Farmers play an integral role in making sure consumers have food and dairy products on their table, though their job isn’t always recognized. With more than two million farms in the United States, 85% of fruit and vegetables are still handpicked. Farmers are responsible for harvesting crops, tending to animals, and producing products to sell to market on a day-to-day basis.
While farmers’ work should be celebrated every day, it’s especially important during National Farmworker Awareness Week (NFAW) to shed light on the many contributions farmers make to our daily lives. It’s also a time to bring attention to some of the farmworker issues in our communities.
One organization that has shown continued appreciation for their farmers is Organic Valley. The independent cooperative of organic farmers strives to produce dairy products in a way that’s healthy for the consumers, animals, and environment. Additionally, Organic Valley promises a stable pay price for their farmers, meaning their workers get a fair price for their products. The farmers aren’t nearly as affected by fluctuating dairy prices.
“Organic Valley is totally committed to holding the price up for the farmers, which has definitely benefited us,” Ron Holter, a fifth-generation farmer located in central Maryland, said. “The amount of resources Organic Valley gives to their farmers and their cooperative structure is just mindboggling. It’s a farmer-run organization. It’s run from the bottom up, rather than the top down. Our CEO answers to the Board of Directors, which is made up of a group of farmers. Every farmer has access to the board. It’s incredible.”
Organic Valley’s history is deeply rooted in family values and organic practices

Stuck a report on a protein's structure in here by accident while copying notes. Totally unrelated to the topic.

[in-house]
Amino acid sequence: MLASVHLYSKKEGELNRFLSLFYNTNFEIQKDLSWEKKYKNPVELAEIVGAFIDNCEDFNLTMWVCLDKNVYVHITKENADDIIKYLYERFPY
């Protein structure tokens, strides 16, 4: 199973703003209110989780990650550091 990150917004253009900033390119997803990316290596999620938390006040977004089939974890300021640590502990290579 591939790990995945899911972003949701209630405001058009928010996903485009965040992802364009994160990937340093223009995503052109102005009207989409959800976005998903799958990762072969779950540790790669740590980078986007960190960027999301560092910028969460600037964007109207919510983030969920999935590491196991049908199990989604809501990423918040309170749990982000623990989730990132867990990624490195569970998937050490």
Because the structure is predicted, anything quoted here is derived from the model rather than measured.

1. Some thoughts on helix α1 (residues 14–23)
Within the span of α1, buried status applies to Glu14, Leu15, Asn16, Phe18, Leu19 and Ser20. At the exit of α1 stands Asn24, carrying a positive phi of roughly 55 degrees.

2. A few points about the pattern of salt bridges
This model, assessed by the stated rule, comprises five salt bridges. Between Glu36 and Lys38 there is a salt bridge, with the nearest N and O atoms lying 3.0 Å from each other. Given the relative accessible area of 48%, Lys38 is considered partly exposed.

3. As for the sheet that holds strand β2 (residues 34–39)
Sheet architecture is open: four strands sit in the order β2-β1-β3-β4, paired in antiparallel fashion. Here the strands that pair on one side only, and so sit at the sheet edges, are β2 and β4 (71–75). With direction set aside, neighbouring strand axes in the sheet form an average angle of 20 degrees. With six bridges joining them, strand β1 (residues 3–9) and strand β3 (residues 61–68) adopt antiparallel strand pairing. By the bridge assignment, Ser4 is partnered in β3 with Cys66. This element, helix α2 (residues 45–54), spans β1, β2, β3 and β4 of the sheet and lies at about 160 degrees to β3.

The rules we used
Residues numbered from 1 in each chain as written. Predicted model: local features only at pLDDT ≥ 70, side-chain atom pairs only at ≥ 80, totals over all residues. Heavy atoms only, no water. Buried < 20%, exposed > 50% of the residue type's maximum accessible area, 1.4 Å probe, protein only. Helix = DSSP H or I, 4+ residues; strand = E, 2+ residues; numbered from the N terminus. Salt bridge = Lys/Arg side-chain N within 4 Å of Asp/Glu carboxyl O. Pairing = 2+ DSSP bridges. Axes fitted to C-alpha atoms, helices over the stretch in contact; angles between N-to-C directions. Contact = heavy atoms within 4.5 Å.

Seven Midwest family farmers set out to change the state of American agriculture and founded Organic Valley in 1988. The organization has grown to be one of the largest producers of organic dairy in the nation with more than 1,800 family farms across 34 states.
The small group of farmers had a desire to change the way people thought about food. They also wanted to raise food the right way, treat farmworkers fairly, and save family farms. The farmers established high organic standards, which eventually served as the framework for the United States Department of Agriculture’s (USDA) organic rules. Now 30 years later, Organic Valley continues to fulfill their mission by creating a healthier future.
“We’ve been with a different cooperative in the past, but they honestly didn’t care about their producers. They only cared about the cooperative structure and the business side of it, not the farmer side of it,” Holter explained. “So it was really amazing to see how much Organic Valley cares for their farmers.”
Organic Valley’s family-owned farms never use GMOs, synthetic hormones, antibiotics or toxic synthetic pesticides. Instead, the farmers rely on sun, grass, soil and rain as well as the wisdom that comes with many generations of farming. As a result, they’ve kept over 380 million pounds of toxic synthetic pesticides and fertilizers out of the environment. Their farmers also use innovative techniques like stocking natural predators of pests, and old-school methods like pulling ragweed by hand. Additionally, their average herd size on farms is just 76 cows to ensure the animals have space to roam in green pastures.
A day in the life of Organic Valley’s family farmers who are committed to raising quality food
Behind Organic Valley’s name are farmers across the country producing dairy products. Holter has been a part of the cooperative for the past 15 years, running Holterholm Farms in a valley on the edge of the Blue Ridge Mountains about 35 miles North West of Washington D.C. His great-great grandfather purchased the farm in 1889 during a bankruptcy sale and it has stayed in the family ever since. His grandfather focused on soil conservation, which has been a significant driver for their success and the foundation of their farm principles. Holter joined a partnership with his parents in 1984, eventually taking over the farm and finding new ways to innovate.